How the West returned! Ostrander on 'Apache Skies.'

Wed, February 20th, 2002 at 12:00am PST

Comic Books
Keith Giles, Staff Writer

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[Apache Skies]Recently CBR News caught up with writer John Ostrander to discuss his upcoming Marvel MAX book "Apache Skies," the follow-up to his acclaimed mini-series "Blaze Of Glory." Now that he's finished scripting the book, Ostrander took some time out to describe the book and fill us in on what to expect.

"'Apache Skies' takes place about a year following the events of 'Blaze Of Glory.' The artist is once again Leonardo Manco and this time he is doing the work in color pencil and watercolor. The art is unbelievably beautiful. It is also being done in the Marvel MAX line, which opens up possibilities as to content. It focuses on Rawhide Kid and on a new Apache Kid (the old one having been killed before the story opens). It also involves Geronimo and touches on the railroad wars in southwest United States."

For fans of Ostrander's Western books from Marvel they themselves can determine whether or not these series will be a regular occurrence or even ongoing.

"I would think that depends on how 'Apache Skies' does. I never expected we would do a follow up to 'Blaze Of Glory' but it actually sold well enough to warrant this. Who knows what might happen if this one sells well? And believe me, if people get a look at the art, they'll buy. I don't care if they're into Westerns or not, they'll buy this one for the art alone!"

Some might consider the Western a dead genre in comics, and if one were to list the number of Western comics published in the last five years they'd come up with a very short, albeit quality, list of titles ranging from Azzarello's "El Diablo" mini-series to Wildstorm's "Desperadoes."

[Apache Skies]Ostrander feels that the time for the Western genre to return is now. "I think there is MORE potential for the Western now but we have to re-define the form. You can't just do the formula stuff any more. Infusing it with a touch of real history, looking at how the West really was, re-defining the myth in light of what we know today can make it seem more immediate and real to the modern reader. The form demands more from the creators today but I think people will respond if you give them a chance."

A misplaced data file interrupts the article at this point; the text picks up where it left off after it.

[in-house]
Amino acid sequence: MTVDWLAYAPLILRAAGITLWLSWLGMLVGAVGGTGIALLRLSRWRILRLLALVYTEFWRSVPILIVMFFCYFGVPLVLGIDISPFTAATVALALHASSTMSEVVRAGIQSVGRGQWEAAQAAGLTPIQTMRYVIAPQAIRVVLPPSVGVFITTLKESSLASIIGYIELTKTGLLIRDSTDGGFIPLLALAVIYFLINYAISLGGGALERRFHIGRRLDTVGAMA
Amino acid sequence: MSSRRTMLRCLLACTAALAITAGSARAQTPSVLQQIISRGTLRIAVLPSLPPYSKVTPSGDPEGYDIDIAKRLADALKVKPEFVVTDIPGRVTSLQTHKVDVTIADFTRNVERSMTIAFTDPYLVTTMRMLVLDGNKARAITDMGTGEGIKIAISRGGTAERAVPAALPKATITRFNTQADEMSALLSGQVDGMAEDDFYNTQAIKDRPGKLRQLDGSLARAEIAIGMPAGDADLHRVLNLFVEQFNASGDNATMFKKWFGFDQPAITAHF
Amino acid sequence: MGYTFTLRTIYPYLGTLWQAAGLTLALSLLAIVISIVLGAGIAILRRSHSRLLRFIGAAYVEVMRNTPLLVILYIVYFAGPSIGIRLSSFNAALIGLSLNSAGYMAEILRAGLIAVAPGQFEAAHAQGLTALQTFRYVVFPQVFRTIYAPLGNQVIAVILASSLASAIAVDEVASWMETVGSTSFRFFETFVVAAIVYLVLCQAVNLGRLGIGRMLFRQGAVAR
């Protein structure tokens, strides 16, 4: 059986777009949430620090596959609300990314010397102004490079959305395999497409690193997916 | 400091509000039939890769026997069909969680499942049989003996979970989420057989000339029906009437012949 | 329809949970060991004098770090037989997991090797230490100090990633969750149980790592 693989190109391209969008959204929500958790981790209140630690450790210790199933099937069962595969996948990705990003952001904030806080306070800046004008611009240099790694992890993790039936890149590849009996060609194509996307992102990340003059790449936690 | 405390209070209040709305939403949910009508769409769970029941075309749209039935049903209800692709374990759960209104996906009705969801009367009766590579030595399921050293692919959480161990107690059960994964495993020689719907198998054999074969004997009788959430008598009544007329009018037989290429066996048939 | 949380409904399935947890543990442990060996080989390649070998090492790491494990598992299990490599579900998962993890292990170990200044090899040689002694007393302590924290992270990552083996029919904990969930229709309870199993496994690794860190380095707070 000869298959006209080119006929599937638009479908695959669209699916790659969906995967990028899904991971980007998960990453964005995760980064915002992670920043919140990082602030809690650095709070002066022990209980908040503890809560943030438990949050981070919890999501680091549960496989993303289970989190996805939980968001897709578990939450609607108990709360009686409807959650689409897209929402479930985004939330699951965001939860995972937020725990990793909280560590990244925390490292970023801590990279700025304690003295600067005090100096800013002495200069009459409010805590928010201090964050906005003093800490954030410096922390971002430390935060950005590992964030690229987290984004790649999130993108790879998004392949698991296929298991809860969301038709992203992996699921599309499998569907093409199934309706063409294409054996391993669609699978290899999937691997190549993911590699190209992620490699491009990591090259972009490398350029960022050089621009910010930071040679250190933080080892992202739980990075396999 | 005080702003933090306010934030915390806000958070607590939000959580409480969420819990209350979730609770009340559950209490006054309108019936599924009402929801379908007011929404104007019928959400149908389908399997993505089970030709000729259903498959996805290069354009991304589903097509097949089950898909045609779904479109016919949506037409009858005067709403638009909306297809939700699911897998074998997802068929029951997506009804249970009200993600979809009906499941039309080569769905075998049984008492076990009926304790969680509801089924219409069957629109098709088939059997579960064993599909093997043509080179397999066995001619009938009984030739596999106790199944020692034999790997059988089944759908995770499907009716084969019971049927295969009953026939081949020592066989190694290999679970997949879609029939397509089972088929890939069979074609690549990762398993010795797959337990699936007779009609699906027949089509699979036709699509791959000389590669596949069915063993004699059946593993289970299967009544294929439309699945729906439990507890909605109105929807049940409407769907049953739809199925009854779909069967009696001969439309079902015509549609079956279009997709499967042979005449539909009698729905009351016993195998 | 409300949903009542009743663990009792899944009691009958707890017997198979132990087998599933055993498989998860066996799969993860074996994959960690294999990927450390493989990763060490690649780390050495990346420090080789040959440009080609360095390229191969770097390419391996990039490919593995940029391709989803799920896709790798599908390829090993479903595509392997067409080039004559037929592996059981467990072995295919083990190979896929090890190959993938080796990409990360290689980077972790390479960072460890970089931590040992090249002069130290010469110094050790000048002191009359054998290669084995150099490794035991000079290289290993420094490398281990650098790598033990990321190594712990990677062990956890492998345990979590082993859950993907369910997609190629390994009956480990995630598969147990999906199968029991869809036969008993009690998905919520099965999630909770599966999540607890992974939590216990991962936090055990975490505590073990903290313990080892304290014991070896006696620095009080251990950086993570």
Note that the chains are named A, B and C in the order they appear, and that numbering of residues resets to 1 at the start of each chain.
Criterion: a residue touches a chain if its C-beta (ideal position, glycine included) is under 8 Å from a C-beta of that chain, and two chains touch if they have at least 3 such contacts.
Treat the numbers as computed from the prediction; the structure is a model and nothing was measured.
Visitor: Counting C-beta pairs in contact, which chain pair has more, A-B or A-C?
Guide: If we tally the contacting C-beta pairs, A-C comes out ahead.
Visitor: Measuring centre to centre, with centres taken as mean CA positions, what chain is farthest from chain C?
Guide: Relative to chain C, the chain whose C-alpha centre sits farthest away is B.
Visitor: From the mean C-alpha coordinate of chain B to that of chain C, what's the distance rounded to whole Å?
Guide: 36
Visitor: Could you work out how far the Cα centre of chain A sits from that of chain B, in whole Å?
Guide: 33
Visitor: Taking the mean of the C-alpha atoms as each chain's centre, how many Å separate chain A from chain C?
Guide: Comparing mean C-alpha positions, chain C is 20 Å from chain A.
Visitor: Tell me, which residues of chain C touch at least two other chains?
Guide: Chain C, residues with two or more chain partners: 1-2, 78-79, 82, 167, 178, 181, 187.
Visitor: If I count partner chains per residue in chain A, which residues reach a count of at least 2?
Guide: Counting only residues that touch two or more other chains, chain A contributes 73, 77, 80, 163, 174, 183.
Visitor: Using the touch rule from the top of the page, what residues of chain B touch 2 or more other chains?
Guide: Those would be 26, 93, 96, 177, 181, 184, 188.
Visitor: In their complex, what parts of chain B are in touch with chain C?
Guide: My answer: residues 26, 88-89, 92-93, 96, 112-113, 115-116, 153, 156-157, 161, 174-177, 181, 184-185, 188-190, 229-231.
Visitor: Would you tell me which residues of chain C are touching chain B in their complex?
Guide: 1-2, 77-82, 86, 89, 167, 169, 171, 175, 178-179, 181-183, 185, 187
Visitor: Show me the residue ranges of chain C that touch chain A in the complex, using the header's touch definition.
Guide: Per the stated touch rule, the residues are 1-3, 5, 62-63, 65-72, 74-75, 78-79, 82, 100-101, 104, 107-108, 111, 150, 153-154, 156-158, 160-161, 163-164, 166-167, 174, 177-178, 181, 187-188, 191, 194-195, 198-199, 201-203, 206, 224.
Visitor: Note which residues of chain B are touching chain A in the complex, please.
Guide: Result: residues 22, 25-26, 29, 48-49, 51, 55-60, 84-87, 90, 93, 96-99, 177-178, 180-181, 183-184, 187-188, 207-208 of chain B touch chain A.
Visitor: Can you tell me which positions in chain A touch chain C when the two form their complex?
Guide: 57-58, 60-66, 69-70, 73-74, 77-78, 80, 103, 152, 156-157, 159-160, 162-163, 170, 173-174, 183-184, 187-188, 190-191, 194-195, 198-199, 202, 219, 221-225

In fact, Ostrander can personally identify with those who say they don't find Westerns typically appealing. "To be honest, I wasn't always a fan. My late wife, Kim Yale, was the one who opened my eyes to the Western as a genre, pointing out how much it influences modern American pop culture, and what made a good western."

Part of what has made Ostrander a champion of the Western comic genre is pure defiance. "Don't tell me I can't do that! One of the things that appeals to me is the fact that it HASN'T been done for so long and that people say that you can't and that it is a dead genre. (It) appeals to the perverse and stubborn side of me. That and it is open to re-interpretation and revision. It hasn't been done in so long that it can seem fresh and new! It HAS to be looked at differently; you can't expect to sell the old versions. That, to me, makes it interesting and a challenge."

In addition, Ostrander's got his hands full with a variety of other projects. "I'm doing 'Lady Death' over at Chaos!Comics. Seriously. People tend to go 'Say WHAT?' but the work is good and Brian Pullido is an interesting guy with a real vision of what he's about. I'm the regular scripter on the 'Star Wars' monthly book. I'm also doing a fill-in over at DC but I don't know as it's been announced yet so I don't know if I an talk about it."

"Apache Skies" is set for release in May under Marvel's MAX imprint.

 
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